Recent developments have attracted national media. The New York Times has praised the city's food scene since 2006.The Washington Post has also featured stories about the city's cuisine and neighborhoods. Referring to the city's civil rights history, Alice Short of the Los Angeles Times wrote, "Anyone who cares about U.S. history should plan a trip here."
Based on the 2000 census, there were 242,820 people, 98,782 households, and 59,269 families residing in the city. The population density was 1,619.7 people per square mile (625.4/km2). There were 111,927 housing units at an average density of 746.6 per square mile (288.3/km2). The racial makeup of the city was 62.46% Black, 35.07% White, 0.17% Native American, 0.80% Asian, 0.04% Pacific Islander, 0.62% from other races, and 0.83% from two or more races. 1.55% of the population were Hispanic or Latino of any race.
There were 98,782 households, of which 27.7% had children under the age of 18 living with them, 31.1% were married couples living together, 24.6% had a female householder with no husband present, and 40.0% were non-families. 34.4% of all households were made up of individuals, and 10.4% had someone living alone who was 65 years of age or older.
The city's population is spread out, with 25.0% under the age of 18, 11.1% from 18 to 24, 30.0% from 25 to 44, 20.4% from 45 to 64, and 13.5% who were 65 years of age or older. The median age was 34 years. For every 100 females, there were 85.7 males.
The city's median household income was $31,898, and the median family income was $38,776. Males had a median income of $36,031 versus $30,367 for females. The city's per capita income was $19,962. About 22.5% of families and 27.3% of the population were below the poverty line, including 41.9% of those under the age of 18 and 18.3% of those age 65 or over.
According to the 2010 census:
Birmingham has hundreds of Christian churches, five synagogues, three mosques, and two Hindu temples. The Association of Statisticians of American Religious Bodies published data showing that in 2010, among metro areas with greater than one million population, Birmingham had the second highest ratio of Christians, and the greatest ratio of Protestant adherents, in the U.S.
The Southern Baptist Convention has 673 congregations and 336,000 members in the Birmingham metro area. The United Methodists have 196 congregations and 66,759 members. The headquarters of the Presbyterian Church in America was in Birmingham until the early 1980s; the PCA has more than 30 congregations and almost 15,000 members in the Birmingham metro area, with megachurches such as Briarwood Presbyterian Church. The National Baptist Convention has 126 congregations and 69,800 members.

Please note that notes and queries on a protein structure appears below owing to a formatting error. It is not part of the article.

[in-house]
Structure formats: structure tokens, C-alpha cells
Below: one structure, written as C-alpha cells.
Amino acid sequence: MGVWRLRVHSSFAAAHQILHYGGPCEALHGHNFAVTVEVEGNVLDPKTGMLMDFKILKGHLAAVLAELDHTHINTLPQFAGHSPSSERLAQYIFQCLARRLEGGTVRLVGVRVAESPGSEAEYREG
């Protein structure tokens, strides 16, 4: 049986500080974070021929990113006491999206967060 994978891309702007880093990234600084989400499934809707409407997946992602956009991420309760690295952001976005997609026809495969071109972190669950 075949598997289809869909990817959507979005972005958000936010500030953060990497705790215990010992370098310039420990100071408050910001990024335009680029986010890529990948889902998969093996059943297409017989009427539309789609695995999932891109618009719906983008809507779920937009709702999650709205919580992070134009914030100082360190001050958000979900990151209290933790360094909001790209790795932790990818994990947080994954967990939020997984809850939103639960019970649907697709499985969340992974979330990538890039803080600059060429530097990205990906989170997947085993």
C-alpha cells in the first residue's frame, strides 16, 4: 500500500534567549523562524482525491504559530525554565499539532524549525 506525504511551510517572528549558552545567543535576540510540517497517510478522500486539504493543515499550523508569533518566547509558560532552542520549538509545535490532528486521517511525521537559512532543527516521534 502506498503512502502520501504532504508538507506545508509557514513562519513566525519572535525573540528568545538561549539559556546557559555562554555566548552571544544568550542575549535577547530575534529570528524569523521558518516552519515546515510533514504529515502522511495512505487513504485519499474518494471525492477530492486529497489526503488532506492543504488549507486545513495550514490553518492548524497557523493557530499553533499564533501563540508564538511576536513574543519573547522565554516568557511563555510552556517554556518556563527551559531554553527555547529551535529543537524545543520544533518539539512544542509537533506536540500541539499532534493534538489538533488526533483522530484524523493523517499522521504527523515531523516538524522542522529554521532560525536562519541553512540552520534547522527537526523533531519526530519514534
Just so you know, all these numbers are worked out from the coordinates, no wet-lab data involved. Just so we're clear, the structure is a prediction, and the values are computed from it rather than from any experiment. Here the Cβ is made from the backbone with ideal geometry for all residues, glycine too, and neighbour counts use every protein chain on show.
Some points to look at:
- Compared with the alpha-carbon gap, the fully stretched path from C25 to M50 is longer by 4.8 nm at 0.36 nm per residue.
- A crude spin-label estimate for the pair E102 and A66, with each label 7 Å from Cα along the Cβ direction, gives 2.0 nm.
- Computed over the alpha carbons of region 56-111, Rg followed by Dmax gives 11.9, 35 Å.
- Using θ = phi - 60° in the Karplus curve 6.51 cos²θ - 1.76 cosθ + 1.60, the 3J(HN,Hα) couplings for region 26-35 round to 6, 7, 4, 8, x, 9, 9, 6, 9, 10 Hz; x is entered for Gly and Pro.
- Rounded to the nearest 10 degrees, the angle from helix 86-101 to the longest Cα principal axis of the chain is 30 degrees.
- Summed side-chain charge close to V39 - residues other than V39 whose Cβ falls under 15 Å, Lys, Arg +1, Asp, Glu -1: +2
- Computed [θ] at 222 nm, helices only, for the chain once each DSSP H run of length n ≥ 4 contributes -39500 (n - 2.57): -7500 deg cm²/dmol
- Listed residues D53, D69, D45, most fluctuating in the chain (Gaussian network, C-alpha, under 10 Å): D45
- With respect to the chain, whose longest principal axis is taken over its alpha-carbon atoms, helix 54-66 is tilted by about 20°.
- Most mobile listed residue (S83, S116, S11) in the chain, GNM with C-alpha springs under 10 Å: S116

The city is home to the Roman Catholic Diocese of Birmingham, covering 39 counties and comprising 75 parishes and missions as well as seven Catholic high schools and nineteen elementary schools. There are also two Eastern Catholic parishes in Birmingham. The Catholic television network EWTN is headquartered in metropolitan Birmingham. There are three Eastern Orthodox churches in the metro area, representing the Greek, Russian, and American Orthodox churches. The mother church of the Episcopal Diocese of Alabama, the Cathedral Church of the Advent is in downtown Birmingham. There is also a Unitarian Universalist church.
With a crime rate of 85 per one thousand residents, Birmingham has one of the highest crime rates in the United States, ranked 20th, according to a study in 2017 for cities with a population over 25,000. Neighboring Bessemer also ranks high at seventh. Violent crime in Birmingham increased by 10% from 2014 to 2016. As the third most violent city in the country, the city's murder, robbery, and aggravated assault rates are each among the top five of all major U.S. cities. As in many high crime areas, poverty is relatively common in Birmingham. Citywide, 31% of residents live in poverty, a higher poverty rate than all but a dozen other large U.S. cities.
Birmingham was ranked 425th in crime rate in the U.S. for 2012 by CQ Press. The Birmingham-Hoover Metropolitan Statistical Area (MSA) was ranked as having the 35th highest crime rate in the U.S., out of 347 MSAs ranked in 2011 by CQ Press. The Birmingham metro area crime rate is in line with other southern MSAs such as Jacksonville and Charlotte.U.S. News & World Report ranked Birmingham as the third most dangerous city in the nation for 2011 (only Atlanta and St. Louis were ranked higher). The A&E Network series The First 48 has filmed episodes with some of the city's homicide detectives.